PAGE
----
fishing boat

Supermarkets and the seafood industry have joined forces to call for more robust monitoring of UK fishing fleets after Brexit.

A coalition of 17 retailers, processors and industry groups have signed a joint seafood industry statement with conservation group WWF, urging the UK government to ensure its new Fisheries Bill delivers “confidence that UK seafood is sustainably and legally sourced”.

With just 1% of UK fishing activities currently monitored at sea, the government must ensure future legislation includes “strong monitoring measures”, the coalition warned.

A WWF report in October suggested technology such as remote electronic monitoring, with cameras and sensors, could be adopted across UK fleets as a cost-effective option to provide the information needed to improve the management of fisheries.

It would also help the UK to implement and monitor compliance with the upcoming landing obligation - or ‘discard ban’ - which is set to come into full effect next January, the group argued.

If the UK failed to effectively implement the landing obligation, it would be at risk of overfishing stocks “that we have spent years trying to rebuild and manage sustainably”, warned Helen McLachlan, WWF fisheries programme manager.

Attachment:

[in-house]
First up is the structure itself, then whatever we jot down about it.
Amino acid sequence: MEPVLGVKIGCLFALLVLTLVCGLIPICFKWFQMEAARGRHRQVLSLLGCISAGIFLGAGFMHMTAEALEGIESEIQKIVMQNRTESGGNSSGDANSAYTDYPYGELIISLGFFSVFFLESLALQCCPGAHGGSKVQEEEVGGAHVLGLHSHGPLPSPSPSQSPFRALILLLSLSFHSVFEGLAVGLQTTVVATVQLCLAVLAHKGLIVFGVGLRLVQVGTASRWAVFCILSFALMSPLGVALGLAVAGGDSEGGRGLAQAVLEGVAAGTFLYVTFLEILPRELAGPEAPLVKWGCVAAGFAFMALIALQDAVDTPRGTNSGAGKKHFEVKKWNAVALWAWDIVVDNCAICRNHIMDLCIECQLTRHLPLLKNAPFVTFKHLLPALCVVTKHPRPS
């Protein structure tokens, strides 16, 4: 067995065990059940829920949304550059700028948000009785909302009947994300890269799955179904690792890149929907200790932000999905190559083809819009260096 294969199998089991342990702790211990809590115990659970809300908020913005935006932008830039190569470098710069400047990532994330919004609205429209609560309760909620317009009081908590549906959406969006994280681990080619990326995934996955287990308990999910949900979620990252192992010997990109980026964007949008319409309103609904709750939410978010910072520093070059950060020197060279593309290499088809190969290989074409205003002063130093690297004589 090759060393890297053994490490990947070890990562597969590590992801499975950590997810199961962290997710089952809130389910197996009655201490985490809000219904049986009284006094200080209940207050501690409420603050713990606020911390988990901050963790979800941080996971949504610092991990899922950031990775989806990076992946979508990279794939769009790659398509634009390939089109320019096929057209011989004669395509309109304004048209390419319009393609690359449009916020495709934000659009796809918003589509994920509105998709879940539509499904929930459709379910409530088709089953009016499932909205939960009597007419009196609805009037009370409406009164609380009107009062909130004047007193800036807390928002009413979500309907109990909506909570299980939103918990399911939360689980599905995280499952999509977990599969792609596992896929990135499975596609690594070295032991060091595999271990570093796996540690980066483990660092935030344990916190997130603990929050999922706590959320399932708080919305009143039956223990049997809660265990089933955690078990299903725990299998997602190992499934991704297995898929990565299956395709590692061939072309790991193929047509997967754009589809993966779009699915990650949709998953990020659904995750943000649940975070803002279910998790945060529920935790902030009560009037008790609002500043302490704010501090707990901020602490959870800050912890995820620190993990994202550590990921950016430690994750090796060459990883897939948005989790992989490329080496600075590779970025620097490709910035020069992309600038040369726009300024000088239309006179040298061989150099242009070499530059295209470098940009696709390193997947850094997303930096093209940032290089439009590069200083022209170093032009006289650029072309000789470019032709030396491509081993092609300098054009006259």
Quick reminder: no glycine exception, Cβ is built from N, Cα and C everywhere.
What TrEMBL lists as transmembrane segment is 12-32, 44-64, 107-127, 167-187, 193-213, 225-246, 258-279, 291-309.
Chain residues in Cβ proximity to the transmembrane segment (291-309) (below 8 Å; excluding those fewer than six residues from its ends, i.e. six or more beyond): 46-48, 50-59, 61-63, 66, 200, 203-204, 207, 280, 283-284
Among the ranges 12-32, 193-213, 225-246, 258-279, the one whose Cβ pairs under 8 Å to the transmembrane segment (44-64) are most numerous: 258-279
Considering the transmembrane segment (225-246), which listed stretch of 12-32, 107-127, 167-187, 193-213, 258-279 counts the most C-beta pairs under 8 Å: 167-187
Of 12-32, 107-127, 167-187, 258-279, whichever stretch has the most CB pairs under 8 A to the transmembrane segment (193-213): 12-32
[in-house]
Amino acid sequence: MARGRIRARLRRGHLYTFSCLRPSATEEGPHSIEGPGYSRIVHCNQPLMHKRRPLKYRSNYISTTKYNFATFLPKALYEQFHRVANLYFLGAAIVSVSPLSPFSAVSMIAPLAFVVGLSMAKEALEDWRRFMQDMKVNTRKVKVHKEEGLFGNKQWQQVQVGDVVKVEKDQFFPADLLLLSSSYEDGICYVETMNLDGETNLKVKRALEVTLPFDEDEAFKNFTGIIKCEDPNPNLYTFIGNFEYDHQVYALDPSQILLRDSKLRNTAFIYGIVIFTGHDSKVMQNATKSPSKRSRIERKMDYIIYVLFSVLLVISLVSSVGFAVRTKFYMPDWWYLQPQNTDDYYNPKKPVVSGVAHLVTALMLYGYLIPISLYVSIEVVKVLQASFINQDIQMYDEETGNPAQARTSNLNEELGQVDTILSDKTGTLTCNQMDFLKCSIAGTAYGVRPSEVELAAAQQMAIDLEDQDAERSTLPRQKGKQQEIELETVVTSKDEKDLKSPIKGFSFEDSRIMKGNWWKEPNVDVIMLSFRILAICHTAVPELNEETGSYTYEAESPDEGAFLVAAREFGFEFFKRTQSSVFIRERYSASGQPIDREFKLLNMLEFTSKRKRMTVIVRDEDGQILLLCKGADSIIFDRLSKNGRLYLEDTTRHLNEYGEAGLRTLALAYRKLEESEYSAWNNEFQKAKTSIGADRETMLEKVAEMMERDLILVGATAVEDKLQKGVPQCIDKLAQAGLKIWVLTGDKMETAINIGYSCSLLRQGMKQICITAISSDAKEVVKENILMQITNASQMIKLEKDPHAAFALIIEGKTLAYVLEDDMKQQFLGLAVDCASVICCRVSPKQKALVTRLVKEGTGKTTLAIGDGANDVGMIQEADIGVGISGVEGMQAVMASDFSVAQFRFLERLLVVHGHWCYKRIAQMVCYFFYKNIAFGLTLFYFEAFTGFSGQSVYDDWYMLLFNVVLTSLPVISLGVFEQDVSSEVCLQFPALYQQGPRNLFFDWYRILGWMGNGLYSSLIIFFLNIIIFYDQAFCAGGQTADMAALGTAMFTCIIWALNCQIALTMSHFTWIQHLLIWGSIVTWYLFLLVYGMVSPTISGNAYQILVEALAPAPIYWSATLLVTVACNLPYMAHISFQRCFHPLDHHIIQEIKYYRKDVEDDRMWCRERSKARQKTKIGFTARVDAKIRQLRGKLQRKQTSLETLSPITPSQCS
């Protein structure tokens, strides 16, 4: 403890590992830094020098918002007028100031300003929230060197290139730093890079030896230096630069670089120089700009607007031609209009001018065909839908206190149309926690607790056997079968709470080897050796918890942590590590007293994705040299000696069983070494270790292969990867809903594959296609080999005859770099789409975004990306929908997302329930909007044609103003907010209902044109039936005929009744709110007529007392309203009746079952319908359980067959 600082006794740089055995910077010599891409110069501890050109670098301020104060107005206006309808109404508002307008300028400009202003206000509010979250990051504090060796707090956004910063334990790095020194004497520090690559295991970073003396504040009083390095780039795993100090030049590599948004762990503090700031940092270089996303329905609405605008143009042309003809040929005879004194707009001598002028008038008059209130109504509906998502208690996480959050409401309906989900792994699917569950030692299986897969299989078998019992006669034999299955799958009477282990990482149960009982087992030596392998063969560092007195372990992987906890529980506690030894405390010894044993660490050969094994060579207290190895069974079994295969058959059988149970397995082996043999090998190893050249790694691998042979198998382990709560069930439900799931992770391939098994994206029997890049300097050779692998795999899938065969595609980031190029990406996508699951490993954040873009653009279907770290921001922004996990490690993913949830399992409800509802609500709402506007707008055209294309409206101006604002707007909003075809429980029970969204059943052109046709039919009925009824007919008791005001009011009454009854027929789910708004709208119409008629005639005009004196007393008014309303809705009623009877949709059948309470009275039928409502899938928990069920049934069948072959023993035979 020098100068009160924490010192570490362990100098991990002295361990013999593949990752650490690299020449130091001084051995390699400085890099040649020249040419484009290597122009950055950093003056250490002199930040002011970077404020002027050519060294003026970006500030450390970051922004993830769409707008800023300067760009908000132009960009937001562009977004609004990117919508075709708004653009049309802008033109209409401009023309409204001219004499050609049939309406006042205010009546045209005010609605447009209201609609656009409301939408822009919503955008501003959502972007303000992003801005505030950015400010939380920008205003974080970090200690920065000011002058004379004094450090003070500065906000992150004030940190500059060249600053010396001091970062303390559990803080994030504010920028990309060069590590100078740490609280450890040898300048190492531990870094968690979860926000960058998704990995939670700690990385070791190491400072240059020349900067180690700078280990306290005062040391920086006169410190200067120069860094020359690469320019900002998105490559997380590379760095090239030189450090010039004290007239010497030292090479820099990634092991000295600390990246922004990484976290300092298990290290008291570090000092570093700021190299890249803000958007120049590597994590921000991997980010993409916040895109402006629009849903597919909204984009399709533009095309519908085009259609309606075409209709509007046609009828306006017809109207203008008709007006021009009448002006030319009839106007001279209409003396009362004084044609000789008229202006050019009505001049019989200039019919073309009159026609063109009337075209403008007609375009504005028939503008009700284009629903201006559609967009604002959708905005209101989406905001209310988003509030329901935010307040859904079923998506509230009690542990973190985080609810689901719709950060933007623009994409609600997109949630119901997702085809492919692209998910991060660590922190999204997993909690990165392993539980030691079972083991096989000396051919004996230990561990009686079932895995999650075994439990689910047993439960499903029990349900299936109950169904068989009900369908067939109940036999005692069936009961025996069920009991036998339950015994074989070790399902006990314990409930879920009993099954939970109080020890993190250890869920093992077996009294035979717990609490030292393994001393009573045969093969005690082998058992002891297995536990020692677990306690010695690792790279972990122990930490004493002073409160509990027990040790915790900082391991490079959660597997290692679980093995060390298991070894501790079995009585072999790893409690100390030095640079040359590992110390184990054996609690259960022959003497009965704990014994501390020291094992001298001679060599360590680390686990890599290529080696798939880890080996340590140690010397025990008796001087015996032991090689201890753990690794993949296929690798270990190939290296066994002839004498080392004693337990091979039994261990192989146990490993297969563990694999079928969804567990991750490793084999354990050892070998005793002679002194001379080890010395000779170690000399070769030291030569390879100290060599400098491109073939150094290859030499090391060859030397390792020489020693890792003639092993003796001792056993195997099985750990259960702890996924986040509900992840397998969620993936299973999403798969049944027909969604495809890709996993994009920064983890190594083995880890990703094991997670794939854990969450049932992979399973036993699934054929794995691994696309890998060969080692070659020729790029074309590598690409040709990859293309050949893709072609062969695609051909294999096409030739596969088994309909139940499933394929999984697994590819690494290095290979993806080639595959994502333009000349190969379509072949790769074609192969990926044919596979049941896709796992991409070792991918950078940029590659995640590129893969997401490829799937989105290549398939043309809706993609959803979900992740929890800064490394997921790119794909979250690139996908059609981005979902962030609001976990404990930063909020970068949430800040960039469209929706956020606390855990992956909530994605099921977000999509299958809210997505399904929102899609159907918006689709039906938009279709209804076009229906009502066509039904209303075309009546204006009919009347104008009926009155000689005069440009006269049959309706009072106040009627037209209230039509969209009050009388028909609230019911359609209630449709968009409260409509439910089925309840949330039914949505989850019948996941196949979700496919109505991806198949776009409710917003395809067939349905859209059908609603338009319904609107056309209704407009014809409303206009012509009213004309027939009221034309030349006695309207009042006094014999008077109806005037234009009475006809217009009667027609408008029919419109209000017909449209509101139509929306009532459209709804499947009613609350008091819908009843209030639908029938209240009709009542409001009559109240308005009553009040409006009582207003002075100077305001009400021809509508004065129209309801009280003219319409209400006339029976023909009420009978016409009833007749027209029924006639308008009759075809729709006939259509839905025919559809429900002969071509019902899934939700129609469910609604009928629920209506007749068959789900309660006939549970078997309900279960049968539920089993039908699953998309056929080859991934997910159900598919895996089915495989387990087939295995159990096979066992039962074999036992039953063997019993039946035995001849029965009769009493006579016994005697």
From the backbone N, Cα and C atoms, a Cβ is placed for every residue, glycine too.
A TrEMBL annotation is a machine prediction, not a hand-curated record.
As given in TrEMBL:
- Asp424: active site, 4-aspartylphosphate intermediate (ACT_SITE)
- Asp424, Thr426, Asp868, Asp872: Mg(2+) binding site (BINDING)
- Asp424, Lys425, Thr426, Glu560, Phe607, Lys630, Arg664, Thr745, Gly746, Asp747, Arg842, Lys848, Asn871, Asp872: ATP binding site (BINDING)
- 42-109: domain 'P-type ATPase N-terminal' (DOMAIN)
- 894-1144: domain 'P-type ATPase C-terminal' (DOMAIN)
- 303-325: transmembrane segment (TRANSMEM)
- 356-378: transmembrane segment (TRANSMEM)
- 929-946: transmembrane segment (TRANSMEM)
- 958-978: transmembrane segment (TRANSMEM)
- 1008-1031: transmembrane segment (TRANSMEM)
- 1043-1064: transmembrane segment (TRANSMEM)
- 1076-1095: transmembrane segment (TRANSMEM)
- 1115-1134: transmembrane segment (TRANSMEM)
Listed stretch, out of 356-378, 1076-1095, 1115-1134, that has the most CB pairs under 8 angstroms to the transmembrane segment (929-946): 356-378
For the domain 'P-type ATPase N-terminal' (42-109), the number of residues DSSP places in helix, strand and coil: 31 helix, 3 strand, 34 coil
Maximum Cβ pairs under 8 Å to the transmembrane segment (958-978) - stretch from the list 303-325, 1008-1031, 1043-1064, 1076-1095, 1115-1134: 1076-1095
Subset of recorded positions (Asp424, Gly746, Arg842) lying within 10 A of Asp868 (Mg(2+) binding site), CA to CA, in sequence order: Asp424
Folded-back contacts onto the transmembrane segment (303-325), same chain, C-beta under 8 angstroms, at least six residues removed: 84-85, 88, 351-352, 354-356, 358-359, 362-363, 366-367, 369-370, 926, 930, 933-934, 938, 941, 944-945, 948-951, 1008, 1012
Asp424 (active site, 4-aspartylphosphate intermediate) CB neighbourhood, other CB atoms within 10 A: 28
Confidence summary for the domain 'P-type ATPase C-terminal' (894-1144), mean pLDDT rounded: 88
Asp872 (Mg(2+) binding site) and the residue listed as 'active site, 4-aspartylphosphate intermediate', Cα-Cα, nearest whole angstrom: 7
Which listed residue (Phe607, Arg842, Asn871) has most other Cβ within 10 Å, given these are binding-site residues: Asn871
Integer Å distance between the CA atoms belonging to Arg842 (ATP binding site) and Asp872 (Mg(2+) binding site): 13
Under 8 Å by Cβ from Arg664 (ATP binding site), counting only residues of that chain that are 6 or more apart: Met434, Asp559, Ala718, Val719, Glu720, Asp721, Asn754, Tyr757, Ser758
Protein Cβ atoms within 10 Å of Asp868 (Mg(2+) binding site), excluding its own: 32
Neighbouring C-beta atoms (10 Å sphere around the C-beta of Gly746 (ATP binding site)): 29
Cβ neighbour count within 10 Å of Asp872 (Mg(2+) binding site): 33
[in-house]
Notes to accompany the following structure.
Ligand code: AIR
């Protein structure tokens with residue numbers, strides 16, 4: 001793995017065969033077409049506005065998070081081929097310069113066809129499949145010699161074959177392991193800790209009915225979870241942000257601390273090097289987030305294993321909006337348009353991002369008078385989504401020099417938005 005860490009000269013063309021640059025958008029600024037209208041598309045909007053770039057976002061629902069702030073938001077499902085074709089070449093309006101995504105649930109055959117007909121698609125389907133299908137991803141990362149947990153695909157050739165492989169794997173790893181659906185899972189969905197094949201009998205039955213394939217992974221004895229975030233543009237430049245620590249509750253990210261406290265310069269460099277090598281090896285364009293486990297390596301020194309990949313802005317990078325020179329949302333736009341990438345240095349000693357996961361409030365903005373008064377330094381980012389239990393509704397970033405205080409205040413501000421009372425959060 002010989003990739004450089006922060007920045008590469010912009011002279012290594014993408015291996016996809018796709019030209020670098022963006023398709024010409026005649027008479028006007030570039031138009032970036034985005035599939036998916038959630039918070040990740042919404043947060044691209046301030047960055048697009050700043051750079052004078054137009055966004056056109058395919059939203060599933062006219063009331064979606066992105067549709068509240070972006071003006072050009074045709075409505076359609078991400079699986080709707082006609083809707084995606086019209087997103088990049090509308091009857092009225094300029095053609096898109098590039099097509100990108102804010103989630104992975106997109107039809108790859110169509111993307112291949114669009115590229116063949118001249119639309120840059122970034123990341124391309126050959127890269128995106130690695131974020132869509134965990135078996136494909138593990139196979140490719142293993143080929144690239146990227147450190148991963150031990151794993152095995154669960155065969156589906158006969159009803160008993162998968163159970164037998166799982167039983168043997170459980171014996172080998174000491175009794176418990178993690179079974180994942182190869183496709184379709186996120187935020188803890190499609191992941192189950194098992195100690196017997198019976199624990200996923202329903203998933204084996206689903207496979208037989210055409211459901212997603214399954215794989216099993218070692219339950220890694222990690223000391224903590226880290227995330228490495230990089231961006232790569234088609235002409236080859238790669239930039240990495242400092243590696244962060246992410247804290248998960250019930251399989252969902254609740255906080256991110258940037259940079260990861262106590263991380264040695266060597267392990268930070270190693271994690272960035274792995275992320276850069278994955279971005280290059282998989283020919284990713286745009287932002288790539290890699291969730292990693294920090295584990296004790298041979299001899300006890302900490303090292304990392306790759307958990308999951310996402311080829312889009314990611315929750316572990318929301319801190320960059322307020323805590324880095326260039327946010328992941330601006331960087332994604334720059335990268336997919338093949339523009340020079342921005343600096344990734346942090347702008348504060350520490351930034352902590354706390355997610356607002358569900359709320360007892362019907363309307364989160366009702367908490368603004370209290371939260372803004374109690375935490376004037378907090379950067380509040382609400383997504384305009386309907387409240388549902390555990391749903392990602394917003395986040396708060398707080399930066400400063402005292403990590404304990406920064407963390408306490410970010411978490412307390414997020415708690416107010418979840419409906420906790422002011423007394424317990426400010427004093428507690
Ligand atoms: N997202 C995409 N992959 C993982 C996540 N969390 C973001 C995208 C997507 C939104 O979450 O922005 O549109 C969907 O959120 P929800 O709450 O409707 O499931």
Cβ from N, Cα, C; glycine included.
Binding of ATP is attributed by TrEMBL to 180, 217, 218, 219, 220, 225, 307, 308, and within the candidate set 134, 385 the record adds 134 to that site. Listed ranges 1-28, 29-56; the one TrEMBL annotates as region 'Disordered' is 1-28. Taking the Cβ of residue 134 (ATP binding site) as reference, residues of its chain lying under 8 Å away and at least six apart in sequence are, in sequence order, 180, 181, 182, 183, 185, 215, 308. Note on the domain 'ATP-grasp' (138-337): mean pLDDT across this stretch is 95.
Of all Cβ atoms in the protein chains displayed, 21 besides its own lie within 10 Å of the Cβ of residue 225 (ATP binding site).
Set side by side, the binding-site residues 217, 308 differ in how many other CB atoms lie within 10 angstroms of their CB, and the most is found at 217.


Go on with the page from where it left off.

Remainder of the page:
Discard ban

The government, which committed to help the UK fishing industry “end wasteful discarding” of fish under its 25-year Environment Plan, should also be doing more to encourage UK fleets to use fishing methods and gear that enables them to more selectively target species, the coalition said.

As they prepare the new Fisheries Bill, ministers should explore how fishing quotas could be better managed to address the problem of discarding, such as implementing measures to provide better access to quotas for so-called “choke” species, it suggested.

“The UK seafood industry has the potential to be world leading in both quality and sustainability,” said Peter Andrews, head of sustainability policy at the British Retail Consortium.

“However, if it cannot meet the terms of the landing obligation and is unable to monitor what fish are being removed at sea then we will be jeopardising that potential.”

Nigel Edwards, the chair of the Seafood Industry Alliance, added: “As responsible buyers of seafood we work with fishermen and scientists to achieve sustainably managed fisheries. Fully documenting fisheries is an essential step to demonstrate robust fishing management.”

Asda, BirdsEye, BRC, Co-op, Direct Seafoods, Joseph Robertson, Lidl UK, Lyons Seafoods, M&S, Morrisons, New England Seafood, Sainsbury’s, Seachill, Tesco, UK Seafood Industry Alliance, Waitrose and Young’s were all signatories to the statement.

The Seafood Industry Alliance and BRC will be asking for a meeting with the UK and devolved fisheries ministers to discuss how their concerns can be addressed.